portions of the Georgia coast late...but the bulk of this
activity is expected to remain just offshore and to the south. Dry
conditions will prevail otherwise. Lows will range from around 40
well inland to the middle-upper 40s at the coast. impressive shortwave will round the base of longwave
trough shifting over the eastern Continental U.S.. the shortwave will help push
a surface low through the Middle Atlantic States near daybreak...with a
trailing cold front that extends southward. Deep moisture will be
lacking over the southeast as cold frontal passage occurs early Monday...but a
strong cold pool associated with the shortwave aloft will produce
steep lapse rates and the possibility of a few showers...mainly over
northern areas. Given the strength of the cold air off the
surface...there remains a possibility of some graupel with any
showers...but given the small chance precipitation and westerly winds
quickly drying out conditions Monday afternoon/evening have opted to
mention just showers at this point. A downsloping wind component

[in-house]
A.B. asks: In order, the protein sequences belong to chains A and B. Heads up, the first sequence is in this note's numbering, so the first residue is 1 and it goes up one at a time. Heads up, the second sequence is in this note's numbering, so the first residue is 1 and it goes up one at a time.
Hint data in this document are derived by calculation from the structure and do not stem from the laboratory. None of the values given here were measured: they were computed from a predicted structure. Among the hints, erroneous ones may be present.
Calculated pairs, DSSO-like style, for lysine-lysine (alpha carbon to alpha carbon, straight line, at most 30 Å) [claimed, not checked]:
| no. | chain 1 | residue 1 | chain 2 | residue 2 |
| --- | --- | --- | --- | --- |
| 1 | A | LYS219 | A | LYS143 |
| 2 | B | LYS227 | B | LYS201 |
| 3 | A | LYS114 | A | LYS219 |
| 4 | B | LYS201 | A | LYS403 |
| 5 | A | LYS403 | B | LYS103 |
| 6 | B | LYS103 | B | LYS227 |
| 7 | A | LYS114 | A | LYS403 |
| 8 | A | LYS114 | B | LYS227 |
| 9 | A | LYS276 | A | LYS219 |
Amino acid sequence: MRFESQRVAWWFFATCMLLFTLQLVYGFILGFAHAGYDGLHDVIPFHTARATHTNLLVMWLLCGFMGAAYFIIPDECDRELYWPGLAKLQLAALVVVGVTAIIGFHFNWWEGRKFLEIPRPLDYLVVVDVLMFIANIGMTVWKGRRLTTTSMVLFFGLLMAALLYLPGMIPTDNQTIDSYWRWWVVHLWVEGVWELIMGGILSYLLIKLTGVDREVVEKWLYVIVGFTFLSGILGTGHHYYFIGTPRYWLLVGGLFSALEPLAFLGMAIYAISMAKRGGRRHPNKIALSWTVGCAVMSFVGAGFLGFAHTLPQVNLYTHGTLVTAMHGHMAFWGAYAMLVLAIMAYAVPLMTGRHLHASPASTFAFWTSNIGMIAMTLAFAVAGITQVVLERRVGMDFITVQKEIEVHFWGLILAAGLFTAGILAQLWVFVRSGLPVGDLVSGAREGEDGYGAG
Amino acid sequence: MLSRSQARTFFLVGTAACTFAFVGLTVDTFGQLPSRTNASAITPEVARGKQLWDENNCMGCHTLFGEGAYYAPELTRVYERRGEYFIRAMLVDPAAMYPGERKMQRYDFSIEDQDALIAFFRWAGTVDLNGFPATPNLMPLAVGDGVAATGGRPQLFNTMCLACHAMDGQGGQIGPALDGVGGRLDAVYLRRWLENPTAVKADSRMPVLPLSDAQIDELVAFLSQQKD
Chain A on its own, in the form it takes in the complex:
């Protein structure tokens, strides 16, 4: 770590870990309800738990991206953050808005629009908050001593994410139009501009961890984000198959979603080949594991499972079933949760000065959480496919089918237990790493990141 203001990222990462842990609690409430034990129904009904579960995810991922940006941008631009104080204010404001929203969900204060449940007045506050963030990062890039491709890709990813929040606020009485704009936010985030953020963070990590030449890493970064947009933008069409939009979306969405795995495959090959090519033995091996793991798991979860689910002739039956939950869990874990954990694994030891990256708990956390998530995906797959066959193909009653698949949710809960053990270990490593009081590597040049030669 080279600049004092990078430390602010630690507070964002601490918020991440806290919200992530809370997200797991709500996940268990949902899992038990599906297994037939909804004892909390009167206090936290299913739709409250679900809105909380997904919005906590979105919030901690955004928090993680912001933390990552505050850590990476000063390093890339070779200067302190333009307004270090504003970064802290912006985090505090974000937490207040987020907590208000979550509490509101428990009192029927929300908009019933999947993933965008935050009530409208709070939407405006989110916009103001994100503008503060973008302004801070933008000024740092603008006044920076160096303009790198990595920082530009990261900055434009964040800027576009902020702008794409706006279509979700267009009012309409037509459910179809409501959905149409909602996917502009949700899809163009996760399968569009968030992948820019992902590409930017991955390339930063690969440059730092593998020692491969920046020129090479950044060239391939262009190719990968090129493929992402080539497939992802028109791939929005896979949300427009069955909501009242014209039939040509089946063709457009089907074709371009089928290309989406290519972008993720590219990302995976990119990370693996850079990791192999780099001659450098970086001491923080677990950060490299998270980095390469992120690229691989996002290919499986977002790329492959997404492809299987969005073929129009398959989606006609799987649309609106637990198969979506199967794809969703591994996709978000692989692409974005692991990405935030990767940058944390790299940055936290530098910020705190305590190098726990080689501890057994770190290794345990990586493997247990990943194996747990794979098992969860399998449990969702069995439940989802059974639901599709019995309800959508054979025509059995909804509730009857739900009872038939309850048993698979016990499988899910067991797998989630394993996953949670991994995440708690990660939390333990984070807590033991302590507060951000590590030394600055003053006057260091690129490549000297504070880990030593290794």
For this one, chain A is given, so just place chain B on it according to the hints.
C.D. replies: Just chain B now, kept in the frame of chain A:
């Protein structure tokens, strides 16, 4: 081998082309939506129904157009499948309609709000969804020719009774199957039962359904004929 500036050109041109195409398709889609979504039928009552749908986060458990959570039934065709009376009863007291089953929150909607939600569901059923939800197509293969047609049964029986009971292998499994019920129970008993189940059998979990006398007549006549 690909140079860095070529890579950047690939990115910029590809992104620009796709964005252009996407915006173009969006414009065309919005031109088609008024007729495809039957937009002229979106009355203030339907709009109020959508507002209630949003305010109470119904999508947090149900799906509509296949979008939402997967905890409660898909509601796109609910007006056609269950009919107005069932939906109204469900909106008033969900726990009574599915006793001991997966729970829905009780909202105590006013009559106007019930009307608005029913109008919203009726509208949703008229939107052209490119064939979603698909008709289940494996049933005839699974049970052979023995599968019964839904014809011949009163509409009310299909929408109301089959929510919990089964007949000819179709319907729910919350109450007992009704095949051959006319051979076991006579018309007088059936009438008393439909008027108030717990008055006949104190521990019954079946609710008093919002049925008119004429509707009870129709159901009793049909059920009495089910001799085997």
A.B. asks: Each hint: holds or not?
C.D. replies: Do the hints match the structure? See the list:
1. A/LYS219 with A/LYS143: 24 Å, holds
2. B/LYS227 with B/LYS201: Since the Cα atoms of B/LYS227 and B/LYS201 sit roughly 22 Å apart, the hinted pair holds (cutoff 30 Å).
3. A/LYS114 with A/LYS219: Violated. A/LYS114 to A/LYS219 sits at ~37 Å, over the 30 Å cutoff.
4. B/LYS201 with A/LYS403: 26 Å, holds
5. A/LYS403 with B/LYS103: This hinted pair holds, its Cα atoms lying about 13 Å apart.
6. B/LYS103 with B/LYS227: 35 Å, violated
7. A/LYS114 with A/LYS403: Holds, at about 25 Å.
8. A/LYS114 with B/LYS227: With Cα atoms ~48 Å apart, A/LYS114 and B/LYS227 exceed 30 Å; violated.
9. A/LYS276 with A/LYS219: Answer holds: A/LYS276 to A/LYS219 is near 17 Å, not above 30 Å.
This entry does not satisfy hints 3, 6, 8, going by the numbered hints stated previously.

will likely offset some cold air advection...but temperatures should only
peak in the upper 50s over most locations. Despite cooler afternoon
temperatures...gusty winds between 20-25 miles per hour are possible throughout the
day. Dry conditions will prevail Monday night while temperatures cool into
the middle to upper 30s.

Tuesday and Wednesday...low pressure off the middle Atlantic coast will
deepen substantially while lifting northeast and away from the
region...allowing a reinforcing cold front to shift over the area.
Moisture will once again be lacking over the region...thus dry frontal passage
is anticipated. High pressure will then build from the north and
northwest through Wednesday with cooler and even dryer conditions
into midweek. In general...expect overall high temperatures in the low/middle
50s on Tuesday ahead of the front....then low 50s on Wednesday.
Overnight lows will range in the low/middle 30s away from the coast
Tuesday night.


Long term /Wednesday night through Saturday/...